R.L. Gulati, J.
1. This is a reference under Section 66(1) of the Indian Income-tax Act, 1922. The assessee is a firm carrying on business in sugar and money-lending. During the proceedings for the assessment year 1957-58, it claimed to deduct from its income two sums of Rs. 1,02,356 and Rs. 69,537 due from M/s. Jagannath Mahadeo Prasad and M/s. Sri Ram Mahadeo Prasad, the debtors. It was alleged that a large sum of money was due from them for over a number of years. The case of the assessee was that in the relevant previous year, the assessee was able to realise Rs. 1,25,000 from these debtors through arbitration proceedings and the balance left in their accounts was written off as bad debt. The claim of the assessee was rejected by the Income-tax Officer. The Income-tax Officer did not accept that the assessee had realised Rs. 1,25,000 during the previous year through arbitration and he held that the debts were old and had become time barred long before the commencement of the previous year and, therefore, could not be allowed to be deducted. The Appellate Assistant Commissioner also upheld the order of the Income-tax Officer. On appeal, the Income-tax Appellate Tribunal held that the three affidavits filed by the assessee before the Income-tax Officer in support of his assertion that it realised Rs. 1,25,000 through arbitration from the debtors had wrongly been rejected. The Tribunal was of opinion that these affidavits should have been accepted. The Tribunal also observed that, as the assessee was not confronted with the so-called discrepancies in the two accounts, as existing in the books of accounts of the debtors and the assessee-firm, no reliance could be placed on such circumstance. The Tribunal, therefore, accepted the assessee's claim and allowed the appeal. At the instance of the Commissioner of Income-tax the following question of law has been referred for the opinion of this court:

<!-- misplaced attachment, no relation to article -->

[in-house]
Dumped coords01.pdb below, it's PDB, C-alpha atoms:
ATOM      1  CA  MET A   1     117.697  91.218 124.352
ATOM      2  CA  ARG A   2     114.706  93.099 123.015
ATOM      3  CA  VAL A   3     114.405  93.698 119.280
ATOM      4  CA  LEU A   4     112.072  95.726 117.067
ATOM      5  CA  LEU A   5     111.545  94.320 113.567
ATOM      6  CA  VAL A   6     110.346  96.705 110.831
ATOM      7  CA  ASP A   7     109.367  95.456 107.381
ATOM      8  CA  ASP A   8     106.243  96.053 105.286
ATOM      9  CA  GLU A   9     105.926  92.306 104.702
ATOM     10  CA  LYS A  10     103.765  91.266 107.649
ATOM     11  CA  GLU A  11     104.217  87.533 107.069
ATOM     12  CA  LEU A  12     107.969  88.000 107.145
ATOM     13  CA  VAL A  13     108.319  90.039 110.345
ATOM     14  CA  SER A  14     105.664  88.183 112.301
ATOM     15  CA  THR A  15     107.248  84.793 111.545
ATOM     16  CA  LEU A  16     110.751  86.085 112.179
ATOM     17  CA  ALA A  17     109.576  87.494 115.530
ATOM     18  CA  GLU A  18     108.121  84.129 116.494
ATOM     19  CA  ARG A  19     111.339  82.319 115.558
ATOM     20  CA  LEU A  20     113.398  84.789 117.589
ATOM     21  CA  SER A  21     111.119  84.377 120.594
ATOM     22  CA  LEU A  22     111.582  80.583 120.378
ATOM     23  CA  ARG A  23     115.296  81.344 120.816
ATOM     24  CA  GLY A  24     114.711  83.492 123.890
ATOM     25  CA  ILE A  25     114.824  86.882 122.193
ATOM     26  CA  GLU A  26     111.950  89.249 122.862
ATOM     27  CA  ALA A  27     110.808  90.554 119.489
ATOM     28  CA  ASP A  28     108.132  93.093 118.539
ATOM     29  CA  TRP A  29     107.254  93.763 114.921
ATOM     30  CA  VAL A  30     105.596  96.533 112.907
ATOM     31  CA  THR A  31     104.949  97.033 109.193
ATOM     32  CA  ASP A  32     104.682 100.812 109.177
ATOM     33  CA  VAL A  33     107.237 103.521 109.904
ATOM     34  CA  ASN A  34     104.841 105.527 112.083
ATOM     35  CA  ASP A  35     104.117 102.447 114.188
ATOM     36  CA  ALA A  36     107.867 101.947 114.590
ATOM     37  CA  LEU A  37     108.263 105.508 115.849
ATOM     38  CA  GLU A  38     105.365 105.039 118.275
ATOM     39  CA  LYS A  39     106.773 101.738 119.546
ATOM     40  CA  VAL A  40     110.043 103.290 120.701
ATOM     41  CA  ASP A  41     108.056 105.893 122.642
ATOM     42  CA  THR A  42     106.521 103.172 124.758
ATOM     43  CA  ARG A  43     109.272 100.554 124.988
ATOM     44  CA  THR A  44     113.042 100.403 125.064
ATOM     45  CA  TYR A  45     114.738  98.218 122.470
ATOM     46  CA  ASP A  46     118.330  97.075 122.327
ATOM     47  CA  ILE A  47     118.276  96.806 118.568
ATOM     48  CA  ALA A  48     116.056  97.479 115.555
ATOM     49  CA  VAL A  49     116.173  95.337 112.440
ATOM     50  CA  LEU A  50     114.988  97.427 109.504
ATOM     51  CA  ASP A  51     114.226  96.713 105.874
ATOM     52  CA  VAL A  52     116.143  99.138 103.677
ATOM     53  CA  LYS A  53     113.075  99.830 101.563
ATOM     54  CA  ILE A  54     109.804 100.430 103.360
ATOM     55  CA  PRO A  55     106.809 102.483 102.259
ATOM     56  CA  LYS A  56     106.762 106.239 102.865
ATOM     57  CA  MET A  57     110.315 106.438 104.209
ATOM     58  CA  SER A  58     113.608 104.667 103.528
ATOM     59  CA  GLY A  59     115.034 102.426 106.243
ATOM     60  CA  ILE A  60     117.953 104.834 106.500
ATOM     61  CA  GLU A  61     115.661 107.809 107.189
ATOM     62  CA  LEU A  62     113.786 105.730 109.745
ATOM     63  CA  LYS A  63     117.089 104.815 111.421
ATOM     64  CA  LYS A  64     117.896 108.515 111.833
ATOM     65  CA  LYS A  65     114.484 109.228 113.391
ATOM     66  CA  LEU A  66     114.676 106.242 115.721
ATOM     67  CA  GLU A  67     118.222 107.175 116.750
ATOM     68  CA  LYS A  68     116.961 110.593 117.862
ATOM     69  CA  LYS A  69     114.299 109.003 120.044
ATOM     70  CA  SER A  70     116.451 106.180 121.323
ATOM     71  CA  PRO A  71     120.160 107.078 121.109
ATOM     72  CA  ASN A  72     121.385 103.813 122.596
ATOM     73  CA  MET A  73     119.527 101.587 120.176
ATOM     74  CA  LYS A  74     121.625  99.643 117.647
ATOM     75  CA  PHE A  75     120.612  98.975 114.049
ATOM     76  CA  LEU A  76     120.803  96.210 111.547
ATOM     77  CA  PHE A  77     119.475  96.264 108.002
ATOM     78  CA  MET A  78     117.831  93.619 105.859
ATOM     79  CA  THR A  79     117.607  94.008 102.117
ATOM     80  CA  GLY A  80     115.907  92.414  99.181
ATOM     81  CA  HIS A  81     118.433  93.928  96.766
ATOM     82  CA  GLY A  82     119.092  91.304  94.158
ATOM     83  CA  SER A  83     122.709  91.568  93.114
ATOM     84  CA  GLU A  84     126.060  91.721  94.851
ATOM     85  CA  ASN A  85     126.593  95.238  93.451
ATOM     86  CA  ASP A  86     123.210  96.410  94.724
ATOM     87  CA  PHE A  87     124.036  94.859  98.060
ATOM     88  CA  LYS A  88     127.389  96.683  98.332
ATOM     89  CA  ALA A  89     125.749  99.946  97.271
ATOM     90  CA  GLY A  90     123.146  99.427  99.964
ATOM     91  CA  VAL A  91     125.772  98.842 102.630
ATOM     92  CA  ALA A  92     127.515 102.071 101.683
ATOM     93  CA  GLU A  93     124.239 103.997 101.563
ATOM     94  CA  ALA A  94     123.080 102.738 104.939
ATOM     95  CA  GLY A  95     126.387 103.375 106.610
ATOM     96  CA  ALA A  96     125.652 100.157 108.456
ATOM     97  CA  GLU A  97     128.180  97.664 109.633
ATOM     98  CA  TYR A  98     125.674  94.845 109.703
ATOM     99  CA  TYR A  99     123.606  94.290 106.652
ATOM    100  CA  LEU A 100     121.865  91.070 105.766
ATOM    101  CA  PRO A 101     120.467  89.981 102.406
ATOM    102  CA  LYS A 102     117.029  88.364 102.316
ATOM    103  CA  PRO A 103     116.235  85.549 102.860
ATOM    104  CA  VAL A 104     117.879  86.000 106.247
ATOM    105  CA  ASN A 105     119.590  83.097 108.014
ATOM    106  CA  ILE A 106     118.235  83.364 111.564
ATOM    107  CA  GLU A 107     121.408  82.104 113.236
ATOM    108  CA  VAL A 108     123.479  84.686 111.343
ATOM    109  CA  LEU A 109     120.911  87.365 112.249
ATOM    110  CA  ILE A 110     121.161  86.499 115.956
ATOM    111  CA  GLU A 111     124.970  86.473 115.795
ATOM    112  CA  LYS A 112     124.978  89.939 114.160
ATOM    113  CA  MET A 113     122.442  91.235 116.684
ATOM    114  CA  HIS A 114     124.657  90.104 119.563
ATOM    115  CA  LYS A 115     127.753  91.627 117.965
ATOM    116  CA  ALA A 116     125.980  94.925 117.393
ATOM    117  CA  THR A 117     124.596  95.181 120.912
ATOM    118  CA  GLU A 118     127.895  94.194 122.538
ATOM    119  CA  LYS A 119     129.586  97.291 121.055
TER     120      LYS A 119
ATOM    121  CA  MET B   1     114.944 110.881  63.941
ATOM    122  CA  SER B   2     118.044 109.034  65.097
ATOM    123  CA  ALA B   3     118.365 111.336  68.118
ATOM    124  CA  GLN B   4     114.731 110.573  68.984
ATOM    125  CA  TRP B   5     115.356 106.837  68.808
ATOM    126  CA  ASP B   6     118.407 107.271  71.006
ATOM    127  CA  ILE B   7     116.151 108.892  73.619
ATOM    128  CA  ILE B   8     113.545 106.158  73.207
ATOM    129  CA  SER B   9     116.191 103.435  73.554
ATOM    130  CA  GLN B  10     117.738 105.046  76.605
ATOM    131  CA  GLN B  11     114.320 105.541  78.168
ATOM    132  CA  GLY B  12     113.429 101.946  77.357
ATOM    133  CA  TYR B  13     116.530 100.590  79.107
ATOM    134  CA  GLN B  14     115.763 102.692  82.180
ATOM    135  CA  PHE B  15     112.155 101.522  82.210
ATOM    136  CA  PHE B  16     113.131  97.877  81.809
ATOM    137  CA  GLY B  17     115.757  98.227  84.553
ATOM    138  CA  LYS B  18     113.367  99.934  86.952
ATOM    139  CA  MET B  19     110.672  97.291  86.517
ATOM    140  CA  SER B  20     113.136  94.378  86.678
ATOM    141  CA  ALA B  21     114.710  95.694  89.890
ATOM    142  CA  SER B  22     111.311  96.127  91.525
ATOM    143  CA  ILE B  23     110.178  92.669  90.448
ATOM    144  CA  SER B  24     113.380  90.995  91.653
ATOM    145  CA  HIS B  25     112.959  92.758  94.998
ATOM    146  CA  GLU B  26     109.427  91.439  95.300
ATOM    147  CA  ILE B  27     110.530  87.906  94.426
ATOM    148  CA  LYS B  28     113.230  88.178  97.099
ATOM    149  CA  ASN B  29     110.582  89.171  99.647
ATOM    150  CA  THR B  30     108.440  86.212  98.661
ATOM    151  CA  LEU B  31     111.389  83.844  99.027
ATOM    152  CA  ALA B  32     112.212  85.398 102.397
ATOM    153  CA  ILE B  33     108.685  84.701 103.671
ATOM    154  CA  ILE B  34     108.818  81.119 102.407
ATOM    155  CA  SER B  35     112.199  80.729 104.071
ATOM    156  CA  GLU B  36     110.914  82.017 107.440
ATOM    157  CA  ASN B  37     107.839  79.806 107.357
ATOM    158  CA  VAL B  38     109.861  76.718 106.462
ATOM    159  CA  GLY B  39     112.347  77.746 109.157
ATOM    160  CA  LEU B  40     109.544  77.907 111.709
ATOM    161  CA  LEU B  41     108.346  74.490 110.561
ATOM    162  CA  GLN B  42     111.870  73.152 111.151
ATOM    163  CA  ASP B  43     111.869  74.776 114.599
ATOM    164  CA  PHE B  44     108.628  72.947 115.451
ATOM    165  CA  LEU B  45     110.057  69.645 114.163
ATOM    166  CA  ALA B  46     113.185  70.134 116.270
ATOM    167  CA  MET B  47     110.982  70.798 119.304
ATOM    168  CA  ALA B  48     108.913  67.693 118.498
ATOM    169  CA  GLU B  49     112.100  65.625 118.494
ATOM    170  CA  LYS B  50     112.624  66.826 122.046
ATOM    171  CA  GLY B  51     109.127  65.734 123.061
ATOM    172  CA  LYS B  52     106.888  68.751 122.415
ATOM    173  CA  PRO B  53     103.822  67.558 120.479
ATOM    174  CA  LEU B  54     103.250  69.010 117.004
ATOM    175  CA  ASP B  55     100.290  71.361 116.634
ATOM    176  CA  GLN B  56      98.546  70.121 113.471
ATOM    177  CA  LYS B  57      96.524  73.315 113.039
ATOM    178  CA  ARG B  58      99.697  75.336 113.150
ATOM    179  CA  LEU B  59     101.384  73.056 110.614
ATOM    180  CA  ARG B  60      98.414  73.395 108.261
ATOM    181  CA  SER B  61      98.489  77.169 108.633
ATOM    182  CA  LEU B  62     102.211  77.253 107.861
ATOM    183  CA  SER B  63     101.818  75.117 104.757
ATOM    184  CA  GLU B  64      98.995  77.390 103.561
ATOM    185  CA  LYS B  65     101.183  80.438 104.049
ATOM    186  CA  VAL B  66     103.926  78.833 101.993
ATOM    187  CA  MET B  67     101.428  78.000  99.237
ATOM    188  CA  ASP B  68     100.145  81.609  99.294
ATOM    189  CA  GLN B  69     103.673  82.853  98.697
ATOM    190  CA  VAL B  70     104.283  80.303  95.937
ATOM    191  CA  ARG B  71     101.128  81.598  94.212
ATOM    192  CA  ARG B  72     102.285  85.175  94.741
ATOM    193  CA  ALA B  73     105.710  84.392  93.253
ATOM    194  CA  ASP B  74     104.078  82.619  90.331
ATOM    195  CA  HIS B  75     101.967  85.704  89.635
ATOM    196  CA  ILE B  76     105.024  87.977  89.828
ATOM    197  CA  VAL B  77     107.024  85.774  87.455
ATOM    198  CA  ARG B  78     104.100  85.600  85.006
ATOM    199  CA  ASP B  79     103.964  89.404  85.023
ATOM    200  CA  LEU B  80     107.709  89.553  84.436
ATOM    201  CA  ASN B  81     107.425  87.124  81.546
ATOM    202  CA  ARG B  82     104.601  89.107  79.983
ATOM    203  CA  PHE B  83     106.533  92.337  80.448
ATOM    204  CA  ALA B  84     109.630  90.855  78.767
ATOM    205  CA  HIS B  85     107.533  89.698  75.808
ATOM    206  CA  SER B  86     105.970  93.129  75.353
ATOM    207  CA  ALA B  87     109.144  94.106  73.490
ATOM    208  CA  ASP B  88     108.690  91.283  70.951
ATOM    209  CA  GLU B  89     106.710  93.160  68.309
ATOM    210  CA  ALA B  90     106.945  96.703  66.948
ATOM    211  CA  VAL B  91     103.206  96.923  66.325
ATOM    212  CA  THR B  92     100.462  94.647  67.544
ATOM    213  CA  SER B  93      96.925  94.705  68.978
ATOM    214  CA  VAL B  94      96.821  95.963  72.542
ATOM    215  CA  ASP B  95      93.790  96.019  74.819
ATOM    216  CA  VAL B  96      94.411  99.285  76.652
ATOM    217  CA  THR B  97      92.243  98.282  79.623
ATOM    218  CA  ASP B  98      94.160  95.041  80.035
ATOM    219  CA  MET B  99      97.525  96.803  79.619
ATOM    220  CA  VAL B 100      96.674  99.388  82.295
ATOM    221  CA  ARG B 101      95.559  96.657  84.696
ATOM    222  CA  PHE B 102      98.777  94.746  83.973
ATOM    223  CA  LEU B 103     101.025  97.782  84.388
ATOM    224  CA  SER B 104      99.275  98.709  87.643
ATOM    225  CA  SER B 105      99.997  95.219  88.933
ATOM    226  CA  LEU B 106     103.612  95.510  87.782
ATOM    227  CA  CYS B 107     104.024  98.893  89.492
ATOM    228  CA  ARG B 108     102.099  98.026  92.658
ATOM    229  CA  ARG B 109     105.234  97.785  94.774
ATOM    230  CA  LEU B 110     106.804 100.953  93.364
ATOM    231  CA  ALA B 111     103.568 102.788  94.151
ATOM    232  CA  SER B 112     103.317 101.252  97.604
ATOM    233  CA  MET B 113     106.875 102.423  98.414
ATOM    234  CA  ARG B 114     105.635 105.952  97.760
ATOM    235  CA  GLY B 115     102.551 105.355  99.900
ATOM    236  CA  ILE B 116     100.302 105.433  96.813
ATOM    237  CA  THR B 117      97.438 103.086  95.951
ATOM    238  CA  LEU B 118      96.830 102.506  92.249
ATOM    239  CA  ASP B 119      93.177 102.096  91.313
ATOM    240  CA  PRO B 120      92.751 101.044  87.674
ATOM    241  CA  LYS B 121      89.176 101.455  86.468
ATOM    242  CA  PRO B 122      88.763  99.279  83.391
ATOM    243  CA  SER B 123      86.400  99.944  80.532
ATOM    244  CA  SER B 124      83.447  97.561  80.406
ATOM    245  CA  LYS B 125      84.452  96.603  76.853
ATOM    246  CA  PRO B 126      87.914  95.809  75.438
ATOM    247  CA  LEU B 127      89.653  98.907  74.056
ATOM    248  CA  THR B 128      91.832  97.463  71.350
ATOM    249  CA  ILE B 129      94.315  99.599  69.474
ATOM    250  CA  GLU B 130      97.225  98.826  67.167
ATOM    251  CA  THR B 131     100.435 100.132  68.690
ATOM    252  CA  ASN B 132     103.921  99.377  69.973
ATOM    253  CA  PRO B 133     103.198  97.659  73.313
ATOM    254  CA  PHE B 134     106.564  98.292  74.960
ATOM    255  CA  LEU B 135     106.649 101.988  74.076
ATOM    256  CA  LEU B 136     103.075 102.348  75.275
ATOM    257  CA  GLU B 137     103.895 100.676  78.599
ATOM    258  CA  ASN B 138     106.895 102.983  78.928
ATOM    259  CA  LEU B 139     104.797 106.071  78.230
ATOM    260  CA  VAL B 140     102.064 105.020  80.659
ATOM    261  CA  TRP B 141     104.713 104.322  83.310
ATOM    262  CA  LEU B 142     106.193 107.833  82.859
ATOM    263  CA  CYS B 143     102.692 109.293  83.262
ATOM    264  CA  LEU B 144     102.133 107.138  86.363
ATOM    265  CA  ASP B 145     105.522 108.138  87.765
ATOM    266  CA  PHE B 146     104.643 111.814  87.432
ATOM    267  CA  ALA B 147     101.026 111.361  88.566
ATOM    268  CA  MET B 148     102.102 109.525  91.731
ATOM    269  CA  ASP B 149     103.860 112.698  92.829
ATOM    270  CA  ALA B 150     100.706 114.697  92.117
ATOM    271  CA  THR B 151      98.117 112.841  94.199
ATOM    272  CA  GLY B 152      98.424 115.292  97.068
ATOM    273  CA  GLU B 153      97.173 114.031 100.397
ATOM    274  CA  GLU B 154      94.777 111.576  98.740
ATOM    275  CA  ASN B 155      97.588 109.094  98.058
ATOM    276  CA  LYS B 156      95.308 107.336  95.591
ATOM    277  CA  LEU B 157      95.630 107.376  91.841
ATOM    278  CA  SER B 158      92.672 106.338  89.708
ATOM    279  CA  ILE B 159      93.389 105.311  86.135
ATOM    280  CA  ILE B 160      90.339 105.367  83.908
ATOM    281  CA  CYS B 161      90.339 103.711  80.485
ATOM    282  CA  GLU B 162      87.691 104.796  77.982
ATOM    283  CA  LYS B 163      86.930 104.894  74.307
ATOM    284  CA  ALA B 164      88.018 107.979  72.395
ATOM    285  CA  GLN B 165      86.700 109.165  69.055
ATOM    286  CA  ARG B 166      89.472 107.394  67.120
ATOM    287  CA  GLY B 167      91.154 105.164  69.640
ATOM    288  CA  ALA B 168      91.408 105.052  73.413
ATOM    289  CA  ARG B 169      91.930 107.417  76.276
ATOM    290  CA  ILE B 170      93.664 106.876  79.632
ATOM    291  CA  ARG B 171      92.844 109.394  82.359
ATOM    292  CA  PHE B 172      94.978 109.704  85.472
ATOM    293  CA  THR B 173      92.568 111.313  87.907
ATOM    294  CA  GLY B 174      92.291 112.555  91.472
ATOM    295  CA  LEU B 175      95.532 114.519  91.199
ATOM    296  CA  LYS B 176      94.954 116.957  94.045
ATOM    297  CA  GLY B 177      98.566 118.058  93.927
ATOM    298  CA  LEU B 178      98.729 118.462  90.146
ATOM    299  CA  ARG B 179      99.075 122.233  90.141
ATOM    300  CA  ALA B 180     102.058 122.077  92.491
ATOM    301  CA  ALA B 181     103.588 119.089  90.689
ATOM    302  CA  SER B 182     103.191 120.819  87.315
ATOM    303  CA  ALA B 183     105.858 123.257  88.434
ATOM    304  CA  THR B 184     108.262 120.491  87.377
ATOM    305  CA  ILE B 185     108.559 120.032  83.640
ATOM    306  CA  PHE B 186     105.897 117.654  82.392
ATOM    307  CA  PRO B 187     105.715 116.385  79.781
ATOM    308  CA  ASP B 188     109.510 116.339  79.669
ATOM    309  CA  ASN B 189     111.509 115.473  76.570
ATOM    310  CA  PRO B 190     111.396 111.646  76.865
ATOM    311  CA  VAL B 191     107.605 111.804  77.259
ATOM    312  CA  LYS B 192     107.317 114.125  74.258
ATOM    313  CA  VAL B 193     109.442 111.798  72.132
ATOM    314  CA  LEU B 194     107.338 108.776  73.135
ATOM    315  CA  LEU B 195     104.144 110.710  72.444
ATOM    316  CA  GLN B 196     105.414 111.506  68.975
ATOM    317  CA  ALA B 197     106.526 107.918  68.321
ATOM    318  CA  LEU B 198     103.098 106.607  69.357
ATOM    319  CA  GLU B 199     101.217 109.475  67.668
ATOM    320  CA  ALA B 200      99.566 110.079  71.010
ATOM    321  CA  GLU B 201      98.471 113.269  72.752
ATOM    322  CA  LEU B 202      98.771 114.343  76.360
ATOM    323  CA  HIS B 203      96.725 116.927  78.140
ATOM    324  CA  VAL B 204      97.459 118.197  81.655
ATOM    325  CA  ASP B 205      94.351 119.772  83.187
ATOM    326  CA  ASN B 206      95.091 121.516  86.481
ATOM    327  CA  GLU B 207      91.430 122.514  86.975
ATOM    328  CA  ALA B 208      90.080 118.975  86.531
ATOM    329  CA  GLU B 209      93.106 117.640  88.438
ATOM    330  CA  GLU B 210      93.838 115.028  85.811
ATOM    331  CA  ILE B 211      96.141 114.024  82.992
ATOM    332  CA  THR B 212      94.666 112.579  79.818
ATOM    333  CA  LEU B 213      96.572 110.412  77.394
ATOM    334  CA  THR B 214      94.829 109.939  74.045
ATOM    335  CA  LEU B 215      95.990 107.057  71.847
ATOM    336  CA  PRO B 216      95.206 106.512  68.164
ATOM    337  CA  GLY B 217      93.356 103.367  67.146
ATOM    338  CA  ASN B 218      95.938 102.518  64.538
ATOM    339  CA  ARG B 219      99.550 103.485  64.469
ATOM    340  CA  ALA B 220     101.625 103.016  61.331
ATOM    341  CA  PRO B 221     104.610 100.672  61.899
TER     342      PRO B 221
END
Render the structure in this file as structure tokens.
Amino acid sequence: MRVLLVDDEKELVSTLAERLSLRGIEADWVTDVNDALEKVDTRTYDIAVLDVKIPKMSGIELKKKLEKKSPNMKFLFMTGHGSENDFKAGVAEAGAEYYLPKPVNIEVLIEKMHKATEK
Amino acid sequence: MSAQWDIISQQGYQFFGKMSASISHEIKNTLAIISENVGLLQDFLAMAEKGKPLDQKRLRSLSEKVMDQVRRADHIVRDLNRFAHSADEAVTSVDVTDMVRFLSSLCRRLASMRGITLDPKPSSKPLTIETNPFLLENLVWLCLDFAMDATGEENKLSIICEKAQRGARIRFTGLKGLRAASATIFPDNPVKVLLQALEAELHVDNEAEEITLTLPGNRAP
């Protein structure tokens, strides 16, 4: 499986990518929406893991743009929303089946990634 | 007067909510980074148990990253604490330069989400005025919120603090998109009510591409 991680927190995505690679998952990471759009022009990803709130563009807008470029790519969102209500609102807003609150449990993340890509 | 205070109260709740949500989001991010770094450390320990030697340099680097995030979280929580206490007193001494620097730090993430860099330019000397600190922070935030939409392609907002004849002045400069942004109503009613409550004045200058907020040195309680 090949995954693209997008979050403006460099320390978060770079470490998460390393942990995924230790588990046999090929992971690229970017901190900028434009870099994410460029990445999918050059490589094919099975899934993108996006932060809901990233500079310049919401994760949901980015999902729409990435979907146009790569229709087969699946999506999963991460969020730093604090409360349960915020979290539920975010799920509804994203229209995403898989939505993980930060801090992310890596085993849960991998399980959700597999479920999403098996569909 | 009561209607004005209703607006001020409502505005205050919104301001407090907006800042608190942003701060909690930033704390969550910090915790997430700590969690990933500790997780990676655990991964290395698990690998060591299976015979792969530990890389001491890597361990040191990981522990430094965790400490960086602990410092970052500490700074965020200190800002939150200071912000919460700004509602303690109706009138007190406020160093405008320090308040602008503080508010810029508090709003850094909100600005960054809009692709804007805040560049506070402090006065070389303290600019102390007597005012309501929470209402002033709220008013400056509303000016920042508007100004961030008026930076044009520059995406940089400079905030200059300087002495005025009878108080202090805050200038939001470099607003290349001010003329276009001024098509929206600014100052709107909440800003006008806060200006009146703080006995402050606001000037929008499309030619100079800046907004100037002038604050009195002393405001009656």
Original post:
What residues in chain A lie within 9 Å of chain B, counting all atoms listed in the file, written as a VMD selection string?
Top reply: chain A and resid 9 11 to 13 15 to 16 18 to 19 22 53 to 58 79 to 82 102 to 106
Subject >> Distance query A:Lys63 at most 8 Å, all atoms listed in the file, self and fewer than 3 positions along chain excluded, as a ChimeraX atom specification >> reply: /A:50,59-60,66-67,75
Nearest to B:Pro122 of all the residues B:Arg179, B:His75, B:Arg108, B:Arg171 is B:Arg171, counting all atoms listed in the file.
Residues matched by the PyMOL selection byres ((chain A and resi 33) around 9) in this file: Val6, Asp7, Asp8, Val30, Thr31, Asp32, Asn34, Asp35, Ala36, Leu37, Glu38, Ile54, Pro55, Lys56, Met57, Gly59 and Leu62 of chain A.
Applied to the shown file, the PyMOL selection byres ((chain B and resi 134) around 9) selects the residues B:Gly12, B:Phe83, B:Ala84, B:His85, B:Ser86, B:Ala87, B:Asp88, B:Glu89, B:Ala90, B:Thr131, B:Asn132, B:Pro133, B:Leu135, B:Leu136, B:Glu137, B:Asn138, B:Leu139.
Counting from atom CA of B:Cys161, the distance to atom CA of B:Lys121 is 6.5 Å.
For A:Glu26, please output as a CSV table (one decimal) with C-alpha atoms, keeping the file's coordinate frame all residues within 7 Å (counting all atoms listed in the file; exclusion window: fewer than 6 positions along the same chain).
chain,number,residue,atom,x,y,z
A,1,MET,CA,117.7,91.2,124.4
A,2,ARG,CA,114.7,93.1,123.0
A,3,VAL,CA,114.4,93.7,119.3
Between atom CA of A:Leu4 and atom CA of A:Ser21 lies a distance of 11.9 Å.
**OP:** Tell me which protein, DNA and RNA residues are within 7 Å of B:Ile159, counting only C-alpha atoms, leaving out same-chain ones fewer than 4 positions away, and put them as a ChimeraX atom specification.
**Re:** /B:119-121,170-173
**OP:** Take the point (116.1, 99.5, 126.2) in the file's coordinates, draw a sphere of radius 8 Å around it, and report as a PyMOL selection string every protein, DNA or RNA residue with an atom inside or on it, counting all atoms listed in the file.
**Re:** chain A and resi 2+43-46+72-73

'Whether, on the facts and in the circumstances of the case, the Income-tax Appellate Tribunal was justified in holding that the debts of Rs. 1,02,356 and of Rs. 69,537 in the names of M/s. Jagannath Mahadeo Prasad and M/s. Sri Ram Mahadeo Prasad were allowable deductions as bad debt for the assessment year 1957-58 ?'
2. On the finding recorded by the Tribunal that the assessee was able to realise only a sum of Rs. 1,25,000 during the previous year through arbitration, there can be no manner of doubt that the balance amount had become bad debt after the award. The finding that the debts in question had become bad in the relevant previous year is a finding of fact and, based as it is on relevant material, it cannot be questioned.
3. Learned counsel for the department says that before the assessee can get deduction on account of bad debt, he must prove that the debt had become bad in the relevant accounting year. According to him this burden has not been discharged by the assessee and the Tribunal was wrong in allowing the claim of the assessee. No doubt, the debt remained due from the debtors for a long number of years and no steps were taken to recover them, but the fact that the assessee was able to realise a sum of Rs. 1,25,000 during the relevant previous year shows clearly that the debts had become bad in the relevant previous year itself and not earlier.
4. We would accordingly answer the question in the affirmative, in favour of the assessee and against the department. The assessee is entitled to costs which we assess at Rs. 200.